Better yet, the liquid nature of the nuclear fuel means that it could be continuously filtered, purified, and cycled back into use like the liver cleansing the bloodstream, so eventually all the nuclear material would be used up and there’d be no nuclear waste — or rather, what little waste there was would have a short enough half-life to be safe after about 300 years rather than a quarter of a million. What’s more, it could use some of our existing nuclear waste as fuel and help reduce that problem too.

So why was this superior technology abandoned decades ago in favor of the riskier water-cooled, solid-fuel nuclear plants? Largely just industrial and political inertia, it seems. The solid-fuel design was already in use on nuclear subs when the effort to build civilian nuclear power plants got underway, and the molten salt design was still experimental. So by the time molten salt technology was experimentally proven viable, the industry was already fully committed to solid-fuel reactors, with a big infrastructure built up to support them and deal with their fuel. And there were big plans to recycle their fuel in breeder reactors and create more and more plutonium to power future reactors, which seemed like a great idea until it turned out you could build bombs from the spent fuel, which meant the recycling plan was shut down and we were stuck with a bunch of nuclear waste we didn’t know what to do with, and that problem plus Three Mile Island and Chernobyl soured people on any nuclear-fission research, even something like molten salt reactors that would be far safer and cleaner and have none of the drawbacks that made people so afraid of fission power. But now, people (at least those who aren’t in denial) are more afraid of climate change and are looking for green energy sources, and this might be one of the best.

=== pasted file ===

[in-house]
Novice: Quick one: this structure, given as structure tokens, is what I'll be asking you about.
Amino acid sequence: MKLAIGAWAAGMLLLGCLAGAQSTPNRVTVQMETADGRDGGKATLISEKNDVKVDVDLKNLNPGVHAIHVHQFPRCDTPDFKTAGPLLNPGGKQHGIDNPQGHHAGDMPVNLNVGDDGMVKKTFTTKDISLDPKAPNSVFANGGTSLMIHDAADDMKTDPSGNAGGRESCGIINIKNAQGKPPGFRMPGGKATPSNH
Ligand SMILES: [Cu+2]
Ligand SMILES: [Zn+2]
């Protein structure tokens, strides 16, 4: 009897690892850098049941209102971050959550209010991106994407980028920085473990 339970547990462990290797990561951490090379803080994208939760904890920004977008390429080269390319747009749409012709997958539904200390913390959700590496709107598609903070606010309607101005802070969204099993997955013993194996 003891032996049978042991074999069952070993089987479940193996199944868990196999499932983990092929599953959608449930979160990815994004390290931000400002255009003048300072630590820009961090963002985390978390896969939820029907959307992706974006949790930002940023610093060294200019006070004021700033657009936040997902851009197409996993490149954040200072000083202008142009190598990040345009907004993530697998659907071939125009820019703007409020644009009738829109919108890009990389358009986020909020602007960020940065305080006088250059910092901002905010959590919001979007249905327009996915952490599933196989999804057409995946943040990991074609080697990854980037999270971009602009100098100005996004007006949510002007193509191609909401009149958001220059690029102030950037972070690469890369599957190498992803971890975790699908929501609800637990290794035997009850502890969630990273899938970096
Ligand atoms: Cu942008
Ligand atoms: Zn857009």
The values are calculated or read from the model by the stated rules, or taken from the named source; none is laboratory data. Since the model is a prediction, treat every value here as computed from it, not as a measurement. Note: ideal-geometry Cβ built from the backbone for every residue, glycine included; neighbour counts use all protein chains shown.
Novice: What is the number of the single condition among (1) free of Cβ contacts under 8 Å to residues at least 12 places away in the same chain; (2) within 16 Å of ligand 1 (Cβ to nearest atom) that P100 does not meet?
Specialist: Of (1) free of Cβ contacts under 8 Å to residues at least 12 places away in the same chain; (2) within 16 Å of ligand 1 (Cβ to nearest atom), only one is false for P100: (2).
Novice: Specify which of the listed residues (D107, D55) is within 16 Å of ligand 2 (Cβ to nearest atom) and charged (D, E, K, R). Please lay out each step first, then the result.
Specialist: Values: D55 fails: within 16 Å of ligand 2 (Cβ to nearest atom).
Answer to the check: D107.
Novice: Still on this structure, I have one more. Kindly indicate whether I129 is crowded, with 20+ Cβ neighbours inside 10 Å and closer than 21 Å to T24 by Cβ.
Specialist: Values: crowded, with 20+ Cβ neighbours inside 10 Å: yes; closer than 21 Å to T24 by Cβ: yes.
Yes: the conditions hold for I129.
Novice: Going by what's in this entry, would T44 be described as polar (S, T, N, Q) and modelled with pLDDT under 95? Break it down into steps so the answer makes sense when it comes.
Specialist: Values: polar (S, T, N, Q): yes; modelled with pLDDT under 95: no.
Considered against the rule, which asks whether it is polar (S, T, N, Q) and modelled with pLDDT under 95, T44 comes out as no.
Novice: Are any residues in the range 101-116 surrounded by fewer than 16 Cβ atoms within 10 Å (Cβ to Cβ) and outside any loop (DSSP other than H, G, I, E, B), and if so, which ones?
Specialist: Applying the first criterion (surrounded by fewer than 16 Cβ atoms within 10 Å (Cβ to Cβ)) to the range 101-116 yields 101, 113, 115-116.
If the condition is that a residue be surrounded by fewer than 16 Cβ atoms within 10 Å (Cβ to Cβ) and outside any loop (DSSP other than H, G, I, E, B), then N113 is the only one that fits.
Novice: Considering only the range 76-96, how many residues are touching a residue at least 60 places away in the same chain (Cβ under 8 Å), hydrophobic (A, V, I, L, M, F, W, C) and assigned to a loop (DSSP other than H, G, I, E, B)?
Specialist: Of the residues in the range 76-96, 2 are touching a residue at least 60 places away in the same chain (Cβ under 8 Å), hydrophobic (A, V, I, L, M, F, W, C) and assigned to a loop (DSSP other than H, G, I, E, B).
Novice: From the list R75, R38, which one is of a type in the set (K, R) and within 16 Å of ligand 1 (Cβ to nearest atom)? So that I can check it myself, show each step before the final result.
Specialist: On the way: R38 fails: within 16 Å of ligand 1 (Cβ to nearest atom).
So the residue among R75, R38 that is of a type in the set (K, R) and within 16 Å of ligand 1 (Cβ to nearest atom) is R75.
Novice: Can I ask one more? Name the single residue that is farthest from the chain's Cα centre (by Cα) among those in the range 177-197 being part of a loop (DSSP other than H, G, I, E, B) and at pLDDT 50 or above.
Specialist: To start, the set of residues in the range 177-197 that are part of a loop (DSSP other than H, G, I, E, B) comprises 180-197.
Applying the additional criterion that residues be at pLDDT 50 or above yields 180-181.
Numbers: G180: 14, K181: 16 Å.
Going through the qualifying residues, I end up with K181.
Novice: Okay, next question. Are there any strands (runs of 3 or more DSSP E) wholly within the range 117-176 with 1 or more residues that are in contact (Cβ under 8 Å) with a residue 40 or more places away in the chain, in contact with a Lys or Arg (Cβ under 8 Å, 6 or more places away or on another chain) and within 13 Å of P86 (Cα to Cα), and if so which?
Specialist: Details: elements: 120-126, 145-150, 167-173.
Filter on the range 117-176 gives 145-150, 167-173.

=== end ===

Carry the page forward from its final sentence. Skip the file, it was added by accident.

Then again, MSRs are not a perfect technology. I looked around and found another site talking about the tech:

Molten Salt Reactors

This article is more cynical about the downsides of the tech than the Discover article, asserting that it could be used to create weapons after all, and that there are a number of unknowns yet to be addressed.

And here’s the World Nuclear Association’s assessment, which mentions that MSR research is already pretty big in China, something the Discover article doesn’t mention:

Molten Salt Reactors – World Nuclear Association

Although it doesn’t seem to agree with the previous article about the weapons risk, barely mentioning the issue in its discussion, and suggesting that the early research into the technology was specifically focused on finding a form of nuclear power that would minimize the proliferation risk. So evidently there are differing points of view on this, which is why it’s always a good idea to look beyond a single source.

This is informative stuff for a science fiction writer like me. For decades, SF writers have assumed that the future of clean nuclear power would be fusion rather than fission. I’ve long been a believer in the aneutronic form of fusion that would react deuterium with helium-3 (which is abundant on the Moon due to being deposited by the solar wind) and react without neutron radiation. But it turns out there’s been a viable, safe, fairly compact fission technology that’s been known about this whole time and largely ignored — already pretty much proven viable, while fusion has remained just out of reach (they’ve been predicting it was 30-40 years away for the past 50-60 years now). I mean, sure, a reactor based on what’s essentially a pit of radioactive lava sounds scary, but no more so than a starship engine based on constantly annihilating matter and antimatter.